cannot democratise countries of the night. It was naive. Tony Blair's
intervention has been unhelpful. He is in denial. Rory is right, there
are lessons to be learned, for goodness sake, let us learn them.
One reason to be anxious is we are relying on the Afghan National Army,
saying if we train it properly, it will be fine. We said that about the
Iraqi army four years ago. That is a reason to be concerned.
Baroness Trumpington is one of the most adored characters in politics.
And, at the age of 91, she's still going strong, regularly
attending debates in the House of Lords, giving interviews to the
Her book, Coming Up Trumps, tells the story of her fascinating life.
Fom being a land girl during the Second World War,
An advertising executive, a headmaster's wife.
All that before a long career in politics, even serving as a minister
Two years ago, she became
Two years ago, a household name when, during a
debate in the House of Lords, she stuck two fingers up at her
remarks about her age! after he made some ill-advised
Well, the clip was seen around the world, and won her a new army of
fans. I went to her home to meet her, and I began by asking if she
Oh, yes, very much so. He got what he deserved at the time. Did he see
the joke? None of us knew that was going to happen.
I thought I was doing it privately. I think he thought I was doing it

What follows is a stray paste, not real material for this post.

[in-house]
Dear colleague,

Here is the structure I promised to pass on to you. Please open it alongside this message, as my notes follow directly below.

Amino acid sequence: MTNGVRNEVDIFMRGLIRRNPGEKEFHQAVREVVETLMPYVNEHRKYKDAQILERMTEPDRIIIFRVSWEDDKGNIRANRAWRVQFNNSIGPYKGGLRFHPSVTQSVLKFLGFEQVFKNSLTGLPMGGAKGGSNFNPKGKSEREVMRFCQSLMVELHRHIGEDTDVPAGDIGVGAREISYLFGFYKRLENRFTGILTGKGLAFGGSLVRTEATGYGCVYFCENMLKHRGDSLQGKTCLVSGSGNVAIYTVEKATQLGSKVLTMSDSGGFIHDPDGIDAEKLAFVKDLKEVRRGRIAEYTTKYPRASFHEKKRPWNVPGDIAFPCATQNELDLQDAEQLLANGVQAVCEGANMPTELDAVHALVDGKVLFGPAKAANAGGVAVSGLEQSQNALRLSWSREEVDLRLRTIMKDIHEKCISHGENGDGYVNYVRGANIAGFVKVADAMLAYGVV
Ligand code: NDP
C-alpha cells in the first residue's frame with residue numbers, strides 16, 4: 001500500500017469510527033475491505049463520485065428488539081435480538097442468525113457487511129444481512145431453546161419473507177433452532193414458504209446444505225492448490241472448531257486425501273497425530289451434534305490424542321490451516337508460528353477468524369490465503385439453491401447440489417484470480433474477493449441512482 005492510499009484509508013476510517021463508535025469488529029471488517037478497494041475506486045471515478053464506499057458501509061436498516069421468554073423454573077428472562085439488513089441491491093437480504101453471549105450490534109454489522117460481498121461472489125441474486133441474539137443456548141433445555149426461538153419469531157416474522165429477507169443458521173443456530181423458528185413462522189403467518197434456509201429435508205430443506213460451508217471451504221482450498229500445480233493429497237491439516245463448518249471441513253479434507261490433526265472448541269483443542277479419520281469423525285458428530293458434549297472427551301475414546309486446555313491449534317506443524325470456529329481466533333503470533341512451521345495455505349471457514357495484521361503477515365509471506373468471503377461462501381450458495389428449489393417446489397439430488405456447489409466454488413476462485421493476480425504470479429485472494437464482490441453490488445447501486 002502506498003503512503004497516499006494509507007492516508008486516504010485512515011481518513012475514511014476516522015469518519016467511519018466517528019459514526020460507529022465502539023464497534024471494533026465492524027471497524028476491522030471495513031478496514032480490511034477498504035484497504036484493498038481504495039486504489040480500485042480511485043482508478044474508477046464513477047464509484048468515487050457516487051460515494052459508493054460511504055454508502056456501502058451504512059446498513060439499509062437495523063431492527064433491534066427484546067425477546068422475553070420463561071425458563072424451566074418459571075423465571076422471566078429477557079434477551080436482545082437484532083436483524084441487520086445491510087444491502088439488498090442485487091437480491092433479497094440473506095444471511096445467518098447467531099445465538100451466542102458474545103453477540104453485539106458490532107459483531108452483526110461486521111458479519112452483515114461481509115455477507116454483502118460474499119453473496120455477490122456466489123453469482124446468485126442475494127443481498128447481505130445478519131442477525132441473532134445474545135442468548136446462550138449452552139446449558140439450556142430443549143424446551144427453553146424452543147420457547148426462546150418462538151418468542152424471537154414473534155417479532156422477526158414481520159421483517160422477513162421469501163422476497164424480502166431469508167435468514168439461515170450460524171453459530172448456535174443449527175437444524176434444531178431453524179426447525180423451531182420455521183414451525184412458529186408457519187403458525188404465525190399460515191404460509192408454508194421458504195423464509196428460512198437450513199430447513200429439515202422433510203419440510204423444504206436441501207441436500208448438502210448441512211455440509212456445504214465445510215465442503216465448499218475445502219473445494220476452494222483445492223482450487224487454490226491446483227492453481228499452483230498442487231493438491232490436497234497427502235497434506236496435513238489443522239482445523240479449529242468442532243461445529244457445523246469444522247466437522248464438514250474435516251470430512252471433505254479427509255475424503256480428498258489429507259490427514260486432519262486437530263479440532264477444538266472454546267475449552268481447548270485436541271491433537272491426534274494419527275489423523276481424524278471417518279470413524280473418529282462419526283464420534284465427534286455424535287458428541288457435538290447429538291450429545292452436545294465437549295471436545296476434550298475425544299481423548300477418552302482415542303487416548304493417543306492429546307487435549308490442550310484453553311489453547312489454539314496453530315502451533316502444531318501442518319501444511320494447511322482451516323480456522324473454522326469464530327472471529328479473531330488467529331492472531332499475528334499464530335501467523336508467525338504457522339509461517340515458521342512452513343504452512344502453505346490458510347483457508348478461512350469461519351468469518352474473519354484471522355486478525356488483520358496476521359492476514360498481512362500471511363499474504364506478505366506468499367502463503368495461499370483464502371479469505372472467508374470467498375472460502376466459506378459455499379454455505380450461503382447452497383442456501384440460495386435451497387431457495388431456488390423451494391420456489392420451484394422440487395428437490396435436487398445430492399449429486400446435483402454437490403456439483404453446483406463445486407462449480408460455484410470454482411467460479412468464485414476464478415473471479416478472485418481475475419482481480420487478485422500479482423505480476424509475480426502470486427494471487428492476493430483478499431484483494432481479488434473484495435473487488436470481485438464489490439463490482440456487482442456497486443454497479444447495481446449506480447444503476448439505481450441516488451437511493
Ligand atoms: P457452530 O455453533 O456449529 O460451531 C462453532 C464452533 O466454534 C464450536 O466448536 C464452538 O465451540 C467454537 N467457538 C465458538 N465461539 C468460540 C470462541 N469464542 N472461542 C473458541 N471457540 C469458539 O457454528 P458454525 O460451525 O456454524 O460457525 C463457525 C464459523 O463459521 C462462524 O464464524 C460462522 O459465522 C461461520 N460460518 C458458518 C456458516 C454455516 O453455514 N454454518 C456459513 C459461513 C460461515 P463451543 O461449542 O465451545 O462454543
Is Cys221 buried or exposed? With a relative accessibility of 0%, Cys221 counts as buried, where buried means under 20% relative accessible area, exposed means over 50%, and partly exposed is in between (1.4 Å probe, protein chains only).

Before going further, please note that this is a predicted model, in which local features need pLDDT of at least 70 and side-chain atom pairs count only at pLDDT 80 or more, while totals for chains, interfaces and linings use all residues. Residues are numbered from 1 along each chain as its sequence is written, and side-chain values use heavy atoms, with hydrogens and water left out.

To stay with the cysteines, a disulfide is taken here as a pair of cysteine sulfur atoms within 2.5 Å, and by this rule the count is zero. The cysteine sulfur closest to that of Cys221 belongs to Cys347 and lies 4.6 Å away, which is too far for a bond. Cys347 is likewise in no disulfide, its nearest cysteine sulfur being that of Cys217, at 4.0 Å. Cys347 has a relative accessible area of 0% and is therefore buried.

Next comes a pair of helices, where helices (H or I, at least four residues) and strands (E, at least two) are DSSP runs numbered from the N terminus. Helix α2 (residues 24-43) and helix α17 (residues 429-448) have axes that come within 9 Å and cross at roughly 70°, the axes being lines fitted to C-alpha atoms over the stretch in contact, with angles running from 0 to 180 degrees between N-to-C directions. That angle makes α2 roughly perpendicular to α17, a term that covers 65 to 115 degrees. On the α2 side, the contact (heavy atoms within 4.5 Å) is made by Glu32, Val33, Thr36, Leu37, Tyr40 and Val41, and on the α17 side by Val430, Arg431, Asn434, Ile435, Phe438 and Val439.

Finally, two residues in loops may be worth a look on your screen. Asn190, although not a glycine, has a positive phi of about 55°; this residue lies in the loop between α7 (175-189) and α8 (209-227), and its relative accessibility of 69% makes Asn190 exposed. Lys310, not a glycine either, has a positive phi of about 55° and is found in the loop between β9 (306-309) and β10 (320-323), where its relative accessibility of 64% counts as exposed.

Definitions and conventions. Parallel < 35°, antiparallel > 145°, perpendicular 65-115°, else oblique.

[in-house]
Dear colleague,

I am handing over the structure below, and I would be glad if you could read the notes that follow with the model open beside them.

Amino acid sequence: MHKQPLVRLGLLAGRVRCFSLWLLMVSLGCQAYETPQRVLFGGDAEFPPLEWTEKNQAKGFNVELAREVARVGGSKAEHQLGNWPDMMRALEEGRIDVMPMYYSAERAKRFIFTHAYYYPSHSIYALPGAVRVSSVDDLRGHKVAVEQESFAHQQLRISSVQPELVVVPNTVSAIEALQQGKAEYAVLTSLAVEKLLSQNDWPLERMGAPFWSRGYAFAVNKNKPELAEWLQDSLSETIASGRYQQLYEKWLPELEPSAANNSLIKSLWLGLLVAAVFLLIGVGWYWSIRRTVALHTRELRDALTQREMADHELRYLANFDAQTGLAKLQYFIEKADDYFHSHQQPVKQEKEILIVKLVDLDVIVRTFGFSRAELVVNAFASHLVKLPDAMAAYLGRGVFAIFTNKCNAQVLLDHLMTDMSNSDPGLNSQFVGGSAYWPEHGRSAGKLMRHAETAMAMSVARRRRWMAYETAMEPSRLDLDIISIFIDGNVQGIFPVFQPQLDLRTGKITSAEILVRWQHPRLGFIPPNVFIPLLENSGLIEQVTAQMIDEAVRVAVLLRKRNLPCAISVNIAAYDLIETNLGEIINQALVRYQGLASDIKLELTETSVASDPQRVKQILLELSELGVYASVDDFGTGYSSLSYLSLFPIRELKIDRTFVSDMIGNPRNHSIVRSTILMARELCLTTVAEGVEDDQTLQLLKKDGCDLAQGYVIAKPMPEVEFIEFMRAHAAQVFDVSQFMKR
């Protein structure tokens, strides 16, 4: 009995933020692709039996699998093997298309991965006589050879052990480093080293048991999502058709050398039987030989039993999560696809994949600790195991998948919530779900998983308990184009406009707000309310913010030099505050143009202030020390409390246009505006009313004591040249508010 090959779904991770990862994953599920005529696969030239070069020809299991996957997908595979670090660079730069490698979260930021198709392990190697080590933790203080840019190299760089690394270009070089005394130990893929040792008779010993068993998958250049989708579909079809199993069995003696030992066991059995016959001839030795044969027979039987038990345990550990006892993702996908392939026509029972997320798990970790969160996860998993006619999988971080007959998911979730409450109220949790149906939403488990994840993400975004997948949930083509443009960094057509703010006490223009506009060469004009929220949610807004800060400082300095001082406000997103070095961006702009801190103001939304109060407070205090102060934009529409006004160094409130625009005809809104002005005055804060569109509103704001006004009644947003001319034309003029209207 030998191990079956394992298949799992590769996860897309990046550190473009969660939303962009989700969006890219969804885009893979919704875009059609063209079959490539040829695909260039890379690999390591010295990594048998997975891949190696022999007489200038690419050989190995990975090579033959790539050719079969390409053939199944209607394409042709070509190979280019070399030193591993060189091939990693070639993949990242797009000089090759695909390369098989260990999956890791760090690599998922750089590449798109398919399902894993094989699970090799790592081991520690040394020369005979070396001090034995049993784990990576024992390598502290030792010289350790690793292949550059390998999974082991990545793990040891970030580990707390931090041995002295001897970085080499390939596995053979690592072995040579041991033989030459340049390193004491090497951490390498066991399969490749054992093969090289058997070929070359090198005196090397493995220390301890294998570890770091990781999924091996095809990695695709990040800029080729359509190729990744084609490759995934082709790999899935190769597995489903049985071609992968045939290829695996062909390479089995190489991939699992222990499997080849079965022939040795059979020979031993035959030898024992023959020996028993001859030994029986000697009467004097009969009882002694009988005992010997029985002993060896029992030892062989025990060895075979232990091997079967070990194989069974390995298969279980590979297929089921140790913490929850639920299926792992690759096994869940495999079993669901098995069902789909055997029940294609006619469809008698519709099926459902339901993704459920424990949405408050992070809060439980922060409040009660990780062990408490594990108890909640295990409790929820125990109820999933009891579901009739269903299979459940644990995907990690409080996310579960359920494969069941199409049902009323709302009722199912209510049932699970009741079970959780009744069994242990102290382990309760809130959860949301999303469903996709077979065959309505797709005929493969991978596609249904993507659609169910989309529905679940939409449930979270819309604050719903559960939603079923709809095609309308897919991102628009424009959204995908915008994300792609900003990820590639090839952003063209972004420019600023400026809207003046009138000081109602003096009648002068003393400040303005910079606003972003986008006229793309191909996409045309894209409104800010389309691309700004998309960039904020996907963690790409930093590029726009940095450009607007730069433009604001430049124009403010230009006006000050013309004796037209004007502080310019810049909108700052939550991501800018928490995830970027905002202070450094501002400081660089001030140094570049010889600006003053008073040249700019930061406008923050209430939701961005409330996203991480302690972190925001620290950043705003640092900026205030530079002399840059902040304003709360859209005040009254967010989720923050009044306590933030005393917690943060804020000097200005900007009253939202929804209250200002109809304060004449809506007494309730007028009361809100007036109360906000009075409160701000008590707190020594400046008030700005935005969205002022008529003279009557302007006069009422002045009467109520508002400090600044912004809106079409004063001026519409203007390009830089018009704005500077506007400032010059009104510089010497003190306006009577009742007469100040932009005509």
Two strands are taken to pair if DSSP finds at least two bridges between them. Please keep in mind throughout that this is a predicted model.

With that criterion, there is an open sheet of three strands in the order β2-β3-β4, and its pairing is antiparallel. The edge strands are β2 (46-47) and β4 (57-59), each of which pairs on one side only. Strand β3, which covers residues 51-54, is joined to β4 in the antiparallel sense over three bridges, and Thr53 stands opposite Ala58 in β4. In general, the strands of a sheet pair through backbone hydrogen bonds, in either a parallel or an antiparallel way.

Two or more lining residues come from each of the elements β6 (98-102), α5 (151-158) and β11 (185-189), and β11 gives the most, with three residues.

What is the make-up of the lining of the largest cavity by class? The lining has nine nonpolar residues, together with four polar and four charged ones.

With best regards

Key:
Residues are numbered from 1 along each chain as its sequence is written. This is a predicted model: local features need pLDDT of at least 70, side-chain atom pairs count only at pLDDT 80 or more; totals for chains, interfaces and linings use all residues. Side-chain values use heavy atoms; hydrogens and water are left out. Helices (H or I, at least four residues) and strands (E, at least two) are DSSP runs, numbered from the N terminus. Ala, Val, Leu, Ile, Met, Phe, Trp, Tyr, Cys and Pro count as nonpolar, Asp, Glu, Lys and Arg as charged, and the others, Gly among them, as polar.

privately. But, his relations in Australia said messages, how could
you be so nasty to the lovely lady. Silly got told off by his own
family. Did you regret swearing at him?
No, he said people of my age were starting to look very old. Wouldn't
you do that? What about you as a person? You seem
to have a great sense of fun. Is that what has got you through?
Something has got me through, I don't know what it is. I think I am
terribly lucky. You see, I didn't owe anybody
anything for having got where I got. So I think I was incredibly lucky.
Did you love it in the House of Lords?
Oh, yes, such a privilege, you know. And you learn so much about this
country. One way or the other, there is always somebody who really knows
what they are talking about. Really knows the situation. You always have
somebody who has had practical experience. And you are a fall if
you argue ignorantly against them, as some do.
Did you ever fancy becoming an MP? Yes, I tried.
I was much too difficult for them. On the Isle of Ely. And it ended up,
they called me Mrs Baker all the way through, and I was too frightened to
say I was Mrs Barker. They asked what I think. I've said, I think you
are not going to make your MP, and I burst into tears.